Rationale: Myxomatous mitral valve degeneration is a common pathological manifestation of mitral valve regurgitation, with or without valvular prolapse. In addition to similarities between naturally occurring and serotonergic valve degeneration, an increasing body of evidence has recently suggested that serotonin signaling is a regulator of degenerative valvulopathies. Studies have found that serotonin can be synthesized locally by valvular cells and serotonin receptors in turn may be activated to promote signaling. Recently, telotristat ethyl (TE) has been introduced as a treatment for carcinoid disease, by selectively inhibiting tryptophan hydroxylase 1, the rate-limiting enzyme in peripheral serotonin synthesis. TE provides a unique tool to test inhibition of serotonin synthesis in vivo, without impacting brain serotonin, to further confirm the role of local serotonin synthesis on heart valves.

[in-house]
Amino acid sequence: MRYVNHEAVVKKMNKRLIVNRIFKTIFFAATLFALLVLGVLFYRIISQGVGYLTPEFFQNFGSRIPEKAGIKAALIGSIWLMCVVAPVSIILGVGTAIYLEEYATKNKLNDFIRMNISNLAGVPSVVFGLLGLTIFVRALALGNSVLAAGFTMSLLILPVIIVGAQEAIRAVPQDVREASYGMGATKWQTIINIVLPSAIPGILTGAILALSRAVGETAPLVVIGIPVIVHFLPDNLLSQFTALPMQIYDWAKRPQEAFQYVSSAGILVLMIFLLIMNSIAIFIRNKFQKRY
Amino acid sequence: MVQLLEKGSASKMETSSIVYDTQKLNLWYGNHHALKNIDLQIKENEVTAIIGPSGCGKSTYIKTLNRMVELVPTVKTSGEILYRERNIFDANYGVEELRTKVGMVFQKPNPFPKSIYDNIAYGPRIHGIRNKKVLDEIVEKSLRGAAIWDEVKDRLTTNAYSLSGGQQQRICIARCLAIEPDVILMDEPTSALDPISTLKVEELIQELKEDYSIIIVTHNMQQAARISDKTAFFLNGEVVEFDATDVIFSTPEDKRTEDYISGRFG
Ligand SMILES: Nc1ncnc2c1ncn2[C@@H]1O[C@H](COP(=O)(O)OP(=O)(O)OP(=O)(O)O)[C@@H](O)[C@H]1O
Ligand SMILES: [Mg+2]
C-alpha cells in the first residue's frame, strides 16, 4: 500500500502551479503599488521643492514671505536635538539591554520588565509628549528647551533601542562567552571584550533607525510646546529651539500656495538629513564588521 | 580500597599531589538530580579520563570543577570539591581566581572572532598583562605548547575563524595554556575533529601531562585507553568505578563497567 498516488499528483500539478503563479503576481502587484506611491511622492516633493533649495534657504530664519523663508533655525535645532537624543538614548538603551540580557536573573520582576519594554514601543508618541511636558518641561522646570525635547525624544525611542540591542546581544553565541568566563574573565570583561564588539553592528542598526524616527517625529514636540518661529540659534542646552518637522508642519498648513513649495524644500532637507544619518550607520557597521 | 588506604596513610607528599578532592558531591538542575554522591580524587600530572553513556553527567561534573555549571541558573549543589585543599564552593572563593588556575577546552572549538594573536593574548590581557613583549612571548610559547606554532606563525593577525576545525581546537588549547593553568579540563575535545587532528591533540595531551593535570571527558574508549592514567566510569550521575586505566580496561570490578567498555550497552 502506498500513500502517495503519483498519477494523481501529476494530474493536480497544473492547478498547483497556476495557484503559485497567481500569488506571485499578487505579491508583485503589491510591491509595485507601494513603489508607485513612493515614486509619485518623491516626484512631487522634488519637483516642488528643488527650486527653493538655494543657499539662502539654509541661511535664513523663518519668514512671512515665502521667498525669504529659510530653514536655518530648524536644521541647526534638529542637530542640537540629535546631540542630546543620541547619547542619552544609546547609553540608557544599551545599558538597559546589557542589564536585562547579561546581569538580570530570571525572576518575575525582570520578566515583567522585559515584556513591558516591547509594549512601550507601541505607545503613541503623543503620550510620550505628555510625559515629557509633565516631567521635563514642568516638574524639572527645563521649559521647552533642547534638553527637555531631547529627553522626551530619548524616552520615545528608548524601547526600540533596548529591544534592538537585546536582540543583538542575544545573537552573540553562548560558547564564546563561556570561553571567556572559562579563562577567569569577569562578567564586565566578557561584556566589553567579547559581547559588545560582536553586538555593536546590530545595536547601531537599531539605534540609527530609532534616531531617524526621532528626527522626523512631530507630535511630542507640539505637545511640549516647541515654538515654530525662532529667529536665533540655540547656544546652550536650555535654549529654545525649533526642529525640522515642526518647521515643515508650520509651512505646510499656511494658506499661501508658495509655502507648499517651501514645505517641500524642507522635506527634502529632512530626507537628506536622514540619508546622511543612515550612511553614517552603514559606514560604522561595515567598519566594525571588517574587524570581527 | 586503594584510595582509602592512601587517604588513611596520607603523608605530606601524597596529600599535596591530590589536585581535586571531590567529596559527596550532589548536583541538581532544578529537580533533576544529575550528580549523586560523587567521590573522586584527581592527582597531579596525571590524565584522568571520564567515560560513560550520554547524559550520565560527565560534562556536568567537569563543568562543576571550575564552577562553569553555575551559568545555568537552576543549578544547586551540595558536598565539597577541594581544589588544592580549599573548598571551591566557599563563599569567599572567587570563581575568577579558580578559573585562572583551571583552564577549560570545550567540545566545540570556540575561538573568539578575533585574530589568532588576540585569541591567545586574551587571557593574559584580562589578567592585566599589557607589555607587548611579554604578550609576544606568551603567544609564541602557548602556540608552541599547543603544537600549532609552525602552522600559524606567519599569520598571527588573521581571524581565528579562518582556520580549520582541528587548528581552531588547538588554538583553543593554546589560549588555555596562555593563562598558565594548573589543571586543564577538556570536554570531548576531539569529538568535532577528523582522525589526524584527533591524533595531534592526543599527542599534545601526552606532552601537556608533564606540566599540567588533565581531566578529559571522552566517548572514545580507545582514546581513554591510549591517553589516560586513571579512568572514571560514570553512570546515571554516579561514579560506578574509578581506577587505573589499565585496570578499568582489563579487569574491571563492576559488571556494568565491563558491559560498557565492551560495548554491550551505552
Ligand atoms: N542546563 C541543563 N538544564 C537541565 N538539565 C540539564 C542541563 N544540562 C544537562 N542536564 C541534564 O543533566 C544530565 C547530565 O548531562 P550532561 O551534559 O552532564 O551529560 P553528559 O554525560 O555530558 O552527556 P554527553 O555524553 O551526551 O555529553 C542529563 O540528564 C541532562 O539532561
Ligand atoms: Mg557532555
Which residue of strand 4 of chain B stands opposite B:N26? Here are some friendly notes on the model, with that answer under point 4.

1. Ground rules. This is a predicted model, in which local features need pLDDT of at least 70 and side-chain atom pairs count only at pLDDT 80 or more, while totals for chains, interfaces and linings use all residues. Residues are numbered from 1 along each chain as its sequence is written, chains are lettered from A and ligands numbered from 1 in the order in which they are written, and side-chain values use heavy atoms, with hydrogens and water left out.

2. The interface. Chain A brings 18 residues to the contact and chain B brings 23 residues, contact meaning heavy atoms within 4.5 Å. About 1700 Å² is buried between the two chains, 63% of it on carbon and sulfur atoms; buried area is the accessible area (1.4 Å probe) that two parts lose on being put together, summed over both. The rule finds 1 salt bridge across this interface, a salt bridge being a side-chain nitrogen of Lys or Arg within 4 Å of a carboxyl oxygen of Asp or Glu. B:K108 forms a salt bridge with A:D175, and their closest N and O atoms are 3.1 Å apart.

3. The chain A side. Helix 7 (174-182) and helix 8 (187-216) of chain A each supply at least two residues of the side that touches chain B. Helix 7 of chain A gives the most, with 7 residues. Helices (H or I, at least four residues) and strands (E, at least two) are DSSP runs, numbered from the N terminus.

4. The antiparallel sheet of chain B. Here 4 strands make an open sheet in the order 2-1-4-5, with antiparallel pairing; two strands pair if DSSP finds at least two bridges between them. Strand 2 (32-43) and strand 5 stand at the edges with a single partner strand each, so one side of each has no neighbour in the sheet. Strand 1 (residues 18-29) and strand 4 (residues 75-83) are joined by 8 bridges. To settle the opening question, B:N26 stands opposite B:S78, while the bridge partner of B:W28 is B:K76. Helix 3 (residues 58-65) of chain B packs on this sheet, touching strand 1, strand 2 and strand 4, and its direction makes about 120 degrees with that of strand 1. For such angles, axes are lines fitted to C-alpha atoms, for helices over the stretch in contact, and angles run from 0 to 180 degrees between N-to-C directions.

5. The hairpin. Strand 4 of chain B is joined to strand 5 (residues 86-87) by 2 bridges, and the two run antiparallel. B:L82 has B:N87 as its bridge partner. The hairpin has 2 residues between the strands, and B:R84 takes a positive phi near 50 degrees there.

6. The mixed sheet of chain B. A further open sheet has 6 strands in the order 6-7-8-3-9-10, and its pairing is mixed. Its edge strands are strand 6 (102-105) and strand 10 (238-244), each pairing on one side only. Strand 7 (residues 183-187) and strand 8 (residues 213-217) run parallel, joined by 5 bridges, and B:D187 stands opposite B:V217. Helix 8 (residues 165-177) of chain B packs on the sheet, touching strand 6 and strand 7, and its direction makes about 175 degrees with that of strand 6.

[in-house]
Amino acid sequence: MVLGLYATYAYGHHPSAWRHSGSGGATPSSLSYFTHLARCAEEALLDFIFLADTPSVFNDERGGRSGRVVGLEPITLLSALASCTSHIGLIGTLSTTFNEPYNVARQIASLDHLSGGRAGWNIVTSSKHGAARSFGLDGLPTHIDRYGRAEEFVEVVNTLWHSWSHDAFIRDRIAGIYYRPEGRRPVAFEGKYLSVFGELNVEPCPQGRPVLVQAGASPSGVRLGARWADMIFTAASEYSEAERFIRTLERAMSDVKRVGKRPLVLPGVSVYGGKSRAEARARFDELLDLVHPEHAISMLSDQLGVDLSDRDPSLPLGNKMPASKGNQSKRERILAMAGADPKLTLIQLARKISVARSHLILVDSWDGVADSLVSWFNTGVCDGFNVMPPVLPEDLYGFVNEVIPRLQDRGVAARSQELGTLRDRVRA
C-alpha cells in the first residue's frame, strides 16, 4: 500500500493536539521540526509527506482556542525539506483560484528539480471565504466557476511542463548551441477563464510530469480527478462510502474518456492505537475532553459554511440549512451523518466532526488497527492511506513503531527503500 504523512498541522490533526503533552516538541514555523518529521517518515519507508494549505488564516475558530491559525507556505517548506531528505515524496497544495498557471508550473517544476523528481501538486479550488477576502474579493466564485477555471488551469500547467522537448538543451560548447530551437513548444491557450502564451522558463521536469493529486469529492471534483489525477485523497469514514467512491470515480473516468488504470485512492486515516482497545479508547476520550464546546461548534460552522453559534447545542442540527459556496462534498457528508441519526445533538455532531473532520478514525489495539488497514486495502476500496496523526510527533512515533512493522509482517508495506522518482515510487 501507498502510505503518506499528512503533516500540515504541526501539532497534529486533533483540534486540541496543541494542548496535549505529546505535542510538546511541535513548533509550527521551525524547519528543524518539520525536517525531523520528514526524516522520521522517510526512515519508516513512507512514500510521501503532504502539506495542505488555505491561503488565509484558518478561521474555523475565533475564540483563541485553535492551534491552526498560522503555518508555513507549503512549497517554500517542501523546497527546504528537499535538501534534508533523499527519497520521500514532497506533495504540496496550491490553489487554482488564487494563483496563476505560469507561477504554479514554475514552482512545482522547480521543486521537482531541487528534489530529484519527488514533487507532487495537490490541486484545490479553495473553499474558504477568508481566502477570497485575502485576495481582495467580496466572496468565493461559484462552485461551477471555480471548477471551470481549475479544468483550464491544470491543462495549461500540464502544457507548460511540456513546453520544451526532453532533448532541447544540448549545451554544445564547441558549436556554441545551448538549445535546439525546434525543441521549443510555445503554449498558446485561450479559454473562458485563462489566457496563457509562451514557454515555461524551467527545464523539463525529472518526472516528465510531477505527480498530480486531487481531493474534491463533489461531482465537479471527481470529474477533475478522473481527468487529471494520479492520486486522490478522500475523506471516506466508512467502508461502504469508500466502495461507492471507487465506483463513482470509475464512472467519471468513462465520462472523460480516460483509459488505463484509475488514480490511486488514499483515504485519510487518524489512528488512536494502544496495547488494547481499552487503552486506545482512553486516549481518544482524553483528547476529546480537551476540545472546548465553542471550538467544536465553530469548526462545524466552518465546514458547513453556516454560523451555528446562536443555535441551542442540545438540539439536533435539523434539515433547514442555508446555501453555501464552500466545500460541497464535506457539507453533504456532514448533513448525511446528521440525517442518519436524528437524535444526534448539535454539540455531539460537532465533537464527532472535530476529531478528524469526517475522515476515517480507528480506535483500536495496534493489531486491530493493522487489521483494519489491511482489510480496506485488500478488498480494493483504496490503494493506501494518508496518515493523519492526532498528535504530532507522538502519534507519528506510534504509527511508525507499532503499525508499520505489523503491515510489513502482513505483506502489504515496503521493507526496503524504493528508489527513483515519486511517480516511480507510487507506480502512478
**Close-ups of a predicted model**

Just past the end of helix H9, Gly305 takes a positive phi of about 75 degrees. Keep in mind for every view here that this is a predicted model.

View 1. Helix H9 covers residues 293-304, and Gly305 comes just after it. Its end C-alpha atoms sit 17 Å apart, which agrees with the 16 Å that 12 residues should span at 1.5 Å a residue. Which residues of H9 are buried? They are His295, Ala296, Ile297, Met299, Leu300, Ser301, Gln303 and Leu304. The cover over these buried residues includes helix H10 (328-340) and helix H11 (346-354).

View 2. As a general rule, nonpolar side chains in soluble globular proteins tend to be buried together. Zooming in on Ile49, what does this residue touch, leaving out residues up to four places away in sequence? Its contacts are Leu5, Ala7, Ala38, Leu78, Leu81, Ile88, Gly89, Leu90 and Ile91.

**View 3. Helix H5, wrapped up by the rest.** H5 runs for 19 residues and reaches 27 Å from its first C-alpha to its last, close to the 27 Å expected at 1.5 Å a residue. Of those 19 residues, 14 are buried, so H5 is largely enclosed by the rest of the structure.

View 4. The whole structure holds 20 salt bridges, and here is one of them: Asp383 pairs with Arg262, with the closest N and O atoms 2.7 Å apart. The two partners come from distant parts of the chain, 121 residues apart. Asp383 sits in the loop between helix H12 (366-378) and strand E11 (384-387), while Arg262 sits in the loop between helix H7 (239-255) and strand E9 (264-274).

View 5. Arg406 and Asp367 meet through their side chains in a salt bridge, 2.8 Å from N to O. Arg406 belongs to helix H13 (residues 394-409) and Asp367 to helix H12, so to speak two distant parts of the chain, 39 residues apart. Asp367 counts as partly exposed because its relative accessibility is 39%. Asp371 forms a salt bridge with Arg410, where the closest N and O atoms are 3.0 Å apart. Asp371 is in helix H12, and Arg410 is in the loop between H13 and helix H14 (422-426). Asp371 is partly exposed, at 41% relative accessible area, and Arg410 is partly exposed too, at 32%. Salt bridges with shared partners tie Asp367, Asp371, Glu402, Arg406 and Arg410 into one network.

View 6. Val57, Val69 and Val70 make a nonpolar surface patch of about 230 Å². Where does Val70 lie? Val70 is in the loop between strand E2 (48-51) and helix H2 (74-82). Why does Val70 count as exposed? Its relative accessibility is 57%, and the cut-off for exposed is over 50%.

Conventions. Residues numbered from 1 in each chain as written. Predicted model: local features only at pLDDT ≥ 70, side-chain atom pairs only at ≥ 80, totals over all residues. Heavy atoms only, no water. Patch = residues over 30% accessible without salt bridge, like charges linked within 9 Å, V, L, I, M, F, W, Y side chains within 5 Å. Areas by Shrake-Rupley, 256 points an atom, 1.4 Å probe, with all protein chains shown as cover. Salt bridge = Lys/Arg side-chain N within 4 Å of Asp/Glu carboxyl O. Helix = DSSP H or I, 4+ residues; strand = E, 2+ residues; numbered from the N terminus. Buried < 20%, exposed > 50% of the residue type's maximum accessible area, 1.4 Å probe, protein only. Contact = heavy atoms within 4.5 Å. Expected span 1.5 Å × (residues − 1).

Objective: To confirm the link between serotonin and myxomatous valvular disease in vivo.

Methods and results: A hypertension-induced myxomatous mitral valve disease mouse model was employed to test the effect of TE on valvular degeneration. Circulating serotonin and local serotonin in valve tissues were tested by enzyme immunoassay and immunohistochemistry, respectively. TE was administrated in two modes: (1) parallel with angiotensin II (A2); (2) post A2 treatment. Myxomatous changes were successfully recapitulated in hypertensive mice, as determined by ECM remodeling, myofibroblast transformation, and serotonin signaling activation. These changes were at least partially reversed upon TE administration.

Conclusion: This study provides the first evidence of TE as a potential therapeutic for myxomatous mitral disease, either used to prevent or reverse myxomatous degeneration.


Copyright © 2022 Wang, Kuban-Johnston, Lapuerta and Lacerda. This is an open-access article distributed under the terms of the Creative Commons Attribution License (CC BY): http://creativecommons.org/licenses/by/4.0/



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